It is, however, impossible to know what the nom com will be — which random 2000 people are selected to decide the ensemble nominees? Other possible ensemble surprises might include:
Mary Poppins Returns
Crazy Rich Asians
Best Actress OMG
Best Actress just doesn’t let up. It’s all over the map. The Globes just hoisted Rosamund Pike for Private War and Nicole Kidman for Destroyer into the race. I had a feeling Kidman would be in — no chance they leave her out — but I thought she’d get in supporting. Melissa McCarthy looks solid for a nod, thank god. Emily Blunt will now be a force to reckon with. But sadly, Viola Davis does not appear to be making the cut, unless SAG revives things.
Best Actress right now might look like:
Lady Gaga, A Star is Born – locked
Glenn Close, The Wife – locked
Melissa McCarthy, Can You Ever Forgive Me
Olivia Colman, The Favourite – looking like a lock
Last slot a living hell.
Emily Blunt for Mary Poppins Returns
Nicole Kidman for Destroyer
Elsie Fisher, Eighth Grade
Rosamund Pike, A Private War
Best Actor likely Bale’s to lose
One thing the Vice dominance shows us is that it’s potentially probable that a film that leads the nominations will win big somewhere and most likely Bale has this in a walk. Viggo Mortensen likely wins in comedy, though Lin-Manuel Miranda is also up there.
Female Directors Once Again Get the Shaft
Unlike the Greta Gerwig flurry last year, there is no one woman that voters seem able to agree upon. Marielle Heller was your best bet but the Spirits and the Gothams ignored her, as have the critics thus far, opting instead to divide focus among a variety of women. If you ask people supposedly in the know, they will give you their favorite of the bunch but no one name seems to be bobbing to the surface.
Best Picture – We Need a Wee Bit More Intel
At some point soon we’ll be hearing from the actors, the directors and the producers. By then, we’ll have a good idea of the core five. Right now, that core “feels” like six, not five, with Vice being the wild card since we don’t know its ultimate fate:
A Star is Born
If Beale Street Could Talk
Then the stragglers that might get in without a directing nomination (although Yorgos Lanthimos is tapping at that door):
That’s ten. At least one will have to go. There is wiggle room for another film to land — like Mary Poppins Returns or whatever.
Will it be a split year or will Picture and Director stay married? Can Roma win Best Picture and Director? Can A Star is Born win Best Picture and Director? Can BlackKklansman win Picture and Director? Yeah. Yeah any one of them can. It would not only make history for Spike, but it would make Academy history, since no black director has ever won an Oscar, even though two films have won Best Picture that were directed by black directors. So yeah.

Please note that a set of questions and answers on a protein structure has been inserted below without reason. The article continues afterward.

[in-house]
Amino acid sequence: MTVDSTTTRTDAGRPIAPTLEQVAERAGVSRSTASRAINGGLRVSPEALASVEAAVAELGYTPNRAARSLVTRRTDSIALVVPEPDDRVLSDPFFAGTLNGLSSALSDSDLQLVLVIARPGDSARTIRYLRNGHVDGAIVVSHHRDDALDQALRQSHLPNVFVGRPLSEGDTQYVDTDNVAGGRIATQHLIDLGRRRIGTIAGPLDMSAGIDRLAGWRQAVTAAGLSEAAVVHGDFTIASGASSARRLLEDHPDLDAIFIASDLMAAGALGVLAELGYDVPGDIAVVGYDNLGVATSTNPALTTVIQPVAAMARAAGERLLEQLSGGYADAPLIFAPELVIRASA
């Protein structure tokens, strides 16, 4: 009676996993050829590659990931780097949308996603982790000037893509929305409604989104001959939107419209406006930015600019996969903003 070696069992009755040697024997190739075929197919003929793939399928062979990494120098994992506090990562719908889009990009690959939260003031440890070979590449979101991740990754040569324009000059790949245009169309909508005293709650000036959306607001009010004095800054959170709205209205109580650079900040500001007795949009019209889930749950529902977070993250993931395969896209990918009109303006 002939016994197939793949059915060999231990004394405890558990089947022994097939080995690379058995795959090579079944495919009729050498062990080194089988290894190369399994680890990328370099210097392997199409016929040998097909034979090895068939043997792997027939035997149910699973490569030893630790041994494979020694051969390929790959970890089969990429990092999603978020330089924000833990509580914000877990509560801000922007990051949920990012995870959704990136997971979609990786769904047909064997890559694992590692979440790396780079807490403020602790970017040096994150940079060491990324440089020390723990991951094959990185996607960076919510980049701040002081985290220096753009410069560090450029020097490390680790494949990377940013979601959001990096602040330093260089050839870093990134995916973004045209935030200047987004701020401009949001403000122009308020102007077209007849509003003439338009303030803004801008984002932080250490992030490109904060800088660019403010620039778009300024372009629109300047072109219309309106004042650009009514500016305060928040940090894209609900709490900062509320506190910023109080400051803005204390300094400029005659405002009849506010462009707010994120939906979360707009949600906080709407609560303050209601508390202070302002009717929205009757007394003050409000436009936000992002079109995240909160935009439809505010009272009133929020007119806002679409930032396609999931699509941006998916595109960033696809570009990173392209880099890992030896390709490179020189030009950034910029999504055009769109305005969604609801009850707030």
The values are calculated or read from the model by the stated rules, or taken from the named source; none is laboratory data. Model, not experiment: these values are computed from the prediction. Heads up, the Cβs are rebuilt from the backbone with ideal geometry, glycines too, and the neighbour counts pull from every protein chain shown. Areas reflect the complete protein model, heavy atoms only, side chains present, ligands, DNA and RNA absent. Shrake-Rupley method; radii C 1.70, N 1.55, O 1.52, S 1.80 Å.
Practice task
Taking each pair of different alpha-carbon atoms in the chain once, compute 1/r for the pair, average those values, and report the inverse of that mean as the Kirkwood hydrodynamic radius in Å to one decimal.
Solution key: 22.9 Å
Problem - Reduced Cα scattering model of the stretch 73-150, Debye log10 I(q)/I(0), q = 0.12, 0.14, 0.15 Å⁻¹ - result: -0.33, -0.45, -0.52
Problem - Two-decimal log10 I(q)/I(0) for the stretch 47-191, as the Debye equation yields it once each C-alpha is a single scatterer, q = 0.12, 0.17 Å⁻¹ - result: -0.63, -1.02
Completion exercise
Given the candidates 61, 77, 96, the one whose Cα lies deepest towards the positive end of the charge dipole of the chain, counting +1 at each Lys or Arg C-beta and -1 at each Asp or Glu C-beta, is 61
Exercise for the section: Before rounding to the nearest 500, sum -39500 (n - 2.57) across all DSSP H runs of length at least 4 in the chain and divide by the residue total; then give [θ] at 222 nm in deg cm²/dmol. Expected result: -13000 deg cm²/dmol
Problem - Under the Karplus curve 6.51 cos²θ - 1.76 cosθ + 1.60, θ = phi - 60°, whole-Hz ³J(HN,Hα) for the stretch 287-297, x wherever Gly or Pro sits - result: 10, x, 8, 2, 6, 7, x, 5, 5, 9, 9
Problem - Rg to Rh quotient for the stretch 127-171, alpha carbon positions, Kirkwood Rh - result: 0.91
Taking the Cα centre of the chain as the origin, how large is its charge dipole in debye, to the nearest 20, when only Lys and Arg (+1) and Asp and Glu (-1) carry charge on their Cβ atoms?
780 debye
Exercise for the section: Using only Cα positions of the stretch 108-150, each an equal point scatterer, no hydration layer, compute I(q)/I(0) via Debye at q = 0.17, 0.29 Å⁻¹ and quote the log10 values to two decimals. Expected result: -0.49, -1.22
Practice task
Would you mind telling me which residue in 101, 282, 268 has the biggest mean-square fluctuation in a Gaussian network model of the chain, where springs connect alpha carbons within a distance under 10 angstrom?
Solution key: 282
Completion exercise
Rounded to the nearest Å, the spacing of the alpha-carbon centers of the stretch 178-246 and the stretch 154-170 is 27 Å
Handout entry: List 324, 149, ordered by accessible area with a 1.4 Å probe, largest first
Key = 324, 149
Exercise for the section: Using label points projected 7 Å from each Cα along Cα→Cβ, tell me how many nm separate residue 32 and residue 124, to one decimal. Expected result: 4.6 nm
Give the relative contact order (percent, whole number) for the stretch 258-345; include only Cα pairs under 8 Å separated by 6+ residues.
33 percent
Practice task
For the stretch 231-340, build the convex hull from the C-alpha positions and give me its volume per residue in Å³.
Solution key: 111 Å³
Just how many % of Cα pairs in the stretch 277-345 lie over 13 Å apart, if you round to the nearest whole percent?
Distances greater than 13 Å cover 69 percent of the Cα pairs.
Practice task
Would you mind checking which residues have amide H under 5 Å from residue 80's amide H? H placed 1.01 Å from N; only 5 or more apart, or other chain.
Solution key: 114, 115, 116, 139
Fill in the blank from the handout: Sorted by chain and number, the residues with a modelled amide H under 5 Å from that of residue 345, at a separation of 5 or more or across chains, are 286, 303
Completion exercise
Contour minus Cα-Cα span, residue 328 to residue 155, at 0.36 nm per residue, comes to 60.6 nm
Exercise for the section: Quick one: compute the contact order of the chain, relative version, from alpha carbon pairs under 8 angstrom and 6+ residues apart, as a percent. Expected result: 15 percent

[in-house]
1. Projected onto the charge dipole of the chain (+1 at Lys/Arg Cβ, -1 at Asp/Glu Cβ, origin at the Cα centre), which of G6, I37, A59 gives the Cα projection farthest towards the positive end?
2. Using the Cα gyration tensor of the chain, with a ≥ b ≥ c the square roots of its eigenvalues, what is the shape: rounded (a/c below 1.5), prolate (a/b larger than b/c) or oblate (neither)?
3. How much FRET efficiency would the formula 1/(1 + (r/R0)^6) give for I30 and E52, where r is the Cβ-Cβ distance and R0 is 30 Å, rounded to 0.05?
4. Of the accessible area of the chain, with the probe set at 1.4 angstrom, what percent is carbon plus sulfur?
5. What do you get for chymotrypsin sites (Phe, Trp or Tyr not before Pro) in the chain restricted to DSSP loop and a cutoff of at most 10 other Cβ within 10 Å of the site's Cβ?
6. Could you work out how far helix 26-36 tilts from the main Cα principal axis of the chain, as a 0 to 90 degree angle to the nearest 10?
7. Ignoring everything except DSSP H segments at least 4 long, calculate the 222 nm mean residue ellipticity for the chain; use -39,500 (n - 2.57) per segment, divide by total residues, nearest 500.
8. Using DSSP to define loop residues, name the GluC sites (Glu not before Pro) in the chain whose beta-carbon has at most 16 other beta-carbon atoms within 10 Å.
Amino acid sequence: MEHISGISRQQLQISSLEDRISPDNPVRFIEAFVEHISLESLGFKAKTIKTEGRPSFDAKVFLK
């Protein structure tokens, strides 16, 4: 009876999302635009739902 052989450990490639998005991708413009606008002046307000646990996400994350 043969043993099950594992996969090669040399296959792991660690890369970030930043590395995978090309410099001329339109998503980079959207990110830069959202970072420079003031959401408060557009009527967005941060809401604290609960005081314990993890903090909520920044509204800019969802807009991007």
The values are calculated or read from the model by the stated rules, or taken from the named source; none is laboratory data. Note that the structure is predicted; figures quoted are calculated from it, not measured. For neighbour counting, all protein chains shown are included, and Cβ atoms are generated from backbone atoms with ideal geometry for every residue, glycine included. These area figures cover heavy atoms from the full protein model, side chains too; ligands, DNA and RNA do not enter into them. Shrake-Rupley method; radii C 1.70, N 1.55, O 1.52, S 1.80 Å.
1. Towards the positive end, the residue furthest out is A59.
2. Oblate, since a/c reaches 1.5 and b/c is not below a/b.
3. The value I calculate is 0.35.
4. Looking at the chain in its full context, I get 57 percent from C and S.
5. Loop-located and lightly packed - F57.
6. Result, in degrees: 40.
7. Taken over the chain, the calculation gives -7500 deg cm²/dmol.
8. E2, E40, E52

The Popular Film Oscars
I don’t know where this narrative goes after today. The Globes kind of, sort of acknowledged popular movies with Black Panther, but they’ve always had that Musical/Comedy category that could do that. It’s a perfect way to honor a movie like Crazy Rich Asians. The Oscars don’t have that and shit gets real really fast starting right now. Right now is when people really start to look at these movies, to scrutinize them closely, to see if they are deserving. Out of that bonfire a phoenix will rise. And that phoenix will “feel right” to the consensus and every time that phoenix wins? The crowd will roar with satisfaction. And so it goes.
The AwardsDaily Blues
The one thing that is always a bummer about the Oscar race is the sound of doors slamming shut, of hope extinguished. When the films you know in your heart are the best of the year are not present on these kinds of days, when the celebration for them stops – it’s a drag. I was enjoying the First Reformed wave and I hope that the industry picks up where the Globes dropped the ball. The night First Man screened in Telluride was pure magic. There was nothing like it. After seeing it I thought I’d seen one of the best films I’d ever seen, and certainly Chazelle’s best. But like so many of the movies I love it was not a sentiment that many others shared. One could take this to mean: hey, great, my opinions are unique. Or they could take it to mean: don’t listen to me because the consensus never likes the films I do. I’m old. It takes a lot to rock my world anymore. Movies you can watch once and get everything in one go are not my jam. For me, they need to be smart and deep and intricate and hard to solve. My brain is bored with most everything else. What can I say?
One day soon I will not be writing about the Oscars anymore but I will need you Oscar watchers to take with you and share the message that days like these don’t decide what is good and what isn’t. They simply tell you about the people who decide the awards. And that’s why me must, as always, remain mind readers. Loving movies must be reserved for a different muscle.